UK health minister sets out tech-first vision for future care provision

The UK’s still fairly new in post minister for health, Matt Hancock, quickly made technology one of his stated priorities. And today he’s put more meat on the bones of his thinking, setting out a vision for transforming, root and branch, how the country’s National Health Service operates to accommodate the plugging in of “healthtech” […]

The UK’s still fairly new in post minister for health, Matt Hancock, quickly made technology one of his stated priorities. And today he’s put more meat on the bones of his thinking, setting out a vision for transforming, root and branch, how the country’s National Health Service operates to accommodate the plugging in of “healthtech” apps and services — to support tech-enabled “preventative, predictive and personalised care”.

How such a major IT upgrade program would be paid for is not clearly set out in the policy document. But the government writes that it is “committed to working with partners” to deliver on its grand vision.

“Our ultimate objective is the provision of better care and improved health outcomes for people in England,” Hancock writes in the ‘future of healthcare’ policy document. “But this cannot be done without a clear focus on improving the technology used by the 1.4 million NHS staff, 1.5 million-strong social care workforce and those many different groups who deliver and plan health and care services for the public.”

The minister is proposing that NHS digital services and IT systems will have to meet “a clear set of open standards” to ensure interoperability and updatability.

Meaning that existing systems that don’t meet the incoming standards will need to be phased out and ripped out over time.

The tech itself that NHS trusts and clinical commissioners can choose to buy will not be imposed upon them from above. Rather the stated intent is to encourage “competition on user experience and better tools for everyone”, says Hancock.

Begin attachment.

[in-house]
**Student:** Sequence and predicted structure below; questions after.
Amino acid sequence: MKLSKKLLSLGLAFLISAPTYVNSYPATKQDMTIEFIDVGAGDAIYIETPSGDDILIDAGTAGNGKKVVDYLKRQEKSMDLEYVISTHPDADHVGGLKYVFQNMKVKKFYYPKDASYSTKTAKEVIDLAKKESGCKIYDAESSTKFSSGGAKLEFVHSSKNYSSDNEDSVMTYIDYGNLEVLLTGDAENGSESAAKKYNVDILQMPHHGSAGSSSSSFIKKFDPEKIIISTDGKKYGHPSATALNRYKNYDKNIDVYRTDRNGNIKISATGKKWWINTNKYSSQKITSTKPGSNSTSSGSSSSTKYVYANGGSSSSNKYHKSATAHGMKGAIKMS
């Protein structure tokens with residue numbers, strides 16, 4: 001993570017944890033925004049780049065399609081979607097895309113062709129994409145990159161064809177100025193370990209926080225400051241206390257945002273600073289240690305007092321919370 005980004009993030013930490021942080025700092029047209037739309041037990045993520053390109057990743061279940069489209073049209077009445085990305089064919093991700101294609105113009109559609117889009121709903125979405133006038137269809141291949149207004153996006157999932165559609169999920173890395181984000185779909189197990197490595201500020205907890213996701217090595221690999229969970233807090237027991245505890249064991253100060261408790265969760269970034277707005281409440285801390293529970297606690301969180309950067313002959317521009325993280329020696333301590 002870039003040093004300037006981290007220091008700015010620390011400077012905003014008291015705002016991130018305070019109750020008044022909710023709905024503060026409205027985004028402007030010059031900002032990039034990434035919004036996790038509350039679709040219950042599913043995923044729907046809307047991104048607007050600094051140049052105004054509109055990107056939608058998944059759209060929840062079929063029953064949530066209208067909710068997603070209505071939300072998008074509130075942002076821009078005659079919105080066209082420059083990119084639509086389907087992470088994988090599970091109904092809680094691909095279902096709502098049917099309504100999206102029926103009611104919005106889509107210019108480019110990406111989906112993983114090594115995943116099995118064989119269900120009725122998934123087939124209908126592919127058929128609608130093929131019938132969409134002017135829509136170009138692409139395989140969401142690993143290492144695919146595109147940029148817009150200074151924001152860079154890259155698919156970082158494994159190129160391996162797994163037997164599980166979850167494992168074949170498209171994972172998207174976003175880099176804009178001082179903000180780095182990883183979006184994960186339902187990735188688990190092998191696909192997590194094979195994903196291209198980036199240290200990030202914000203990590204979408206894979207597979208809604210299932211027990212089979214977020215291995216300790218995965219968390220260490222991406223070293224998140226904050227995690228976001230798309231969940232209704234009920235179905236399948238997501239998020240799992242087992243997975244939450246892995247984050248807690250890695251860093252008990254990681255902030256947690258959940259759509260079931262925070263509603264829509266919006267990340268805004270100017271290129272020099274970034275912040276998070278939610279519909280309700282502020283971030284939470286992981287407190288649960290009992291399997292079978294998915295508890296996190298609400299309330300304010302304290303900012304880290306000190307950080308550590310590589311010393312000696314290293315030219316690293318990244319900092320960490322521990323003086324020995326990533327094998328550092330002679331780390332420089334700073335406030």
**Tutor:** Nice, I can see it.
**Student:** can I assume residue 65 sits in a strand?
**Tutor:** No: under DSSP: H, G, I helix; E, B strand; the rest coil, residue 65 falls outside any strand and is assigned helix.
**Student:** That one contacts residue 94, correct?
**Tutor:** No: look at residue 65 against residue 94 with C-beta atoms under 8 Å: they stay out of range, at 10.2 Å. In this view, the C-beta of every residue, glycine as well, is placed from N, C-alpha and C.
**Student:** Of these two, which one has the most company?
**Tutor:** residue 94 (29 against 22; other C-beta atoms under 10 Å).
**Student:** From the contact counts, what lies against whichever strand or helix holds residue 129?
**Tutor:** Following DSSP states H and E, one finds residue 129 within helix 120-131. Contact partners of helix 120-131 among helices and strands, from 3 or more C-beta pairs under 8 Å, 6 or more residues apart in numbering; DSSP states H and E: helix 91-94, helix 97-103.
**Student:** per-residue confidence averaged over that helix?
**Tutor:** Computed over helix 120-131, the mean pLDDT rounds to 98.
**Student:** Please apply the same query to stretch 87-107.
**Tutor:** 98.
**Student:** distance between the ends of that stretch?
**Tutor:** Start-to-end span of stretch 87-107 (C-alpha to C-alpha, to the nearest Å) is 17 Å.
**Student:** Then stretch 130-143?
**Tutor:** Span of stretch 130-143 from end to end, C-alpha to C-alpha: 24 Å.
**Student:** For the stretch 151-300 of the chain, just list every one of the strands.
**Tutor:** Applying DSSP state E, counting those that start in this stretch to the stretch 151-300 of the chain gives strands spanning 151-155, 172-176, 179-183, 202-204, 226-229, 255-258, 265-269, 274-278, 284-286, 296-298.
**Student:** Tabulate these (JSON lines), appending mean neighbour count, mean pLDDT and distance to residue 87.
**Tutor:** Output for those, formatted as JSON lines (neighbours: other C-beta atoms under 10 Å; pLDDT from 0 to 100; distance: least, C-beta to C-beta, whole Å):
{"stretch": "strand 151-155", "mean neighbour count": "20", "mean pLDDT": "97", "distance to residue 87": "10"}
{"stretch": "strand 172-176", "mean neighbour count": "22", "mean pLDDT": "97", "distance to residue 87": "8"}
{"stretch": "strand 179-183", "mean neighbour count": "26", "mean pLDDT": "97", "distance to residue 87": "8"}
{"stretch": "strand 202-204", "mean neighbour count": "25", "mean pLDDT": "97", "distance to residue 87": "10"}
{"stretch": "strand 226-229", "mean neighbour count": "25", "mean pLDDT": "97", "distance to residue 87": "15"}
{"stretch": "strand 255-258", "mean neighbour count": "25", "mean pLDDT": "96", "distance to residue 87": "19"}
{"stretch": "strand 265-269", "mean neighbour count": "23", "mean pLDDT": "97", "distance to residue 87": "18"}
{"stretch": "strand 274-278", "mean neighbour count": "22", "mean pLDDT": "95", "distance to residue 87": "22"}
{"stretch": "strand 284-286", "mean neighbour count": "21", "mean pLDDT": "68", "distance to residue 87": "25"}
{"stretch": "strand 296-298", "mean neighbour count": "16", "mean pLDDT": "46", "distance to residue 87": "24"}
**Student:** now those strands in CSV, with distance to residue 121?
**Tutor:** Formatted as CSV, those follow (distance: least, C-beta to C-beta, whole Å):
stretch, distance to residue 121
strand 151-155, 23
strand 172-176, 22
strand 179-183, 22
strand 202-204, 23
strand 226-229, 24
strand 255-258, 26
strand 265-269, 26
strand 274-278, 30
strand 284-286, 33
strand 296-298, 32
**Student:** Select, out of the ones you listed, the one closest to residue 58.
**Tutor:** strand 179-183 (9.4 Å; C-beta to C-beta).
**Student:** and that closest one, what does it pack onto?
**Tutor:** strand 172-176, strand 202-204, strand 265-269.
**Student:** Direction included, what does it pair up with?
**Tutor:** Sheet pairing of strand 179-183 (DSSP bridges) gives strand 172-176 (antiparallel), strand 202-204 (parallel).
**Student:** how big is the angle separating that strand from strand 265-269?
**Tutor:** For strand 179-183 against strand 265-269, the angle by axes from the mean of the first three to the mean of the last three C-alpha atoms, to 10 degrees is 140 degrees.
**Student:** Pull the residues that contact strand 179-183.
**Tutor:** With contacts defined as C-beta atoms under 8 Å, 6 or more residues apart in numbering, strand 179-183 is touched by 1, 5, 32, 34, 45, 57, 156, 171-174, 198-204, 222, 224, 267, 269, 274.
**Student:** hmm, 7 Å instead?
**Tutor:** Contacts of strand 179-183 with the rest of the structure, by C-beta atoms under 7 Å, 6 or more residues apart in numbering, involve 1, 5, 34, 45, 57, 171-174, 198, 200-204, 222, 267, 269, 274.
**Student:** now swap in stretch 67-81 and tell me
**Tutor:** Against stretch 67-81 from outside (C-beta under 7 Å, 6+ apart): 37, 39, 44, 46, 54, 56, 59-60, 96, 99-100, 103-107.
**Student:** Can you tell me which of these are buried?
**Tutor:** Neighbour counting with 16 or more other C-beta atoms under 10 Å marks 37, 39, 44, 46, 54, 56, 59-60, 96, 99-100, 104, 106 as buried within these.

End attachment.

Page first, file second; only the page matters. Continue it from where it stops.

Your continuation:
In a statement, the health and social care secretary said: “The tech revolution is coming to the NHS. These robust standards will ensure that every part of the NHS can use the best technology to improve patient safety, reduce delays and speed up appointments.

“A modern technical architecture for the health and care service has huge potential to deliver better services and to unlock our innovations. We want this approach to empower the country’s best innovators — inside and outside the NHS — and we want to hear from staff, experts and suppliers to ensure our standards will deliver the most advanced health and care service in the world.”

The four stated priorities for achieving the planned transformation are infrastructure (principally but not only related to patient records); digital services; innovation; and skills and culture:

“Our technology infrastructure should allow systems to talk to each other safely and securely, using open standards for data and interoperability so people have confidence that their data is up to date and in the right place, and health and care professionals have access to the information they need to provide care,” the document notes.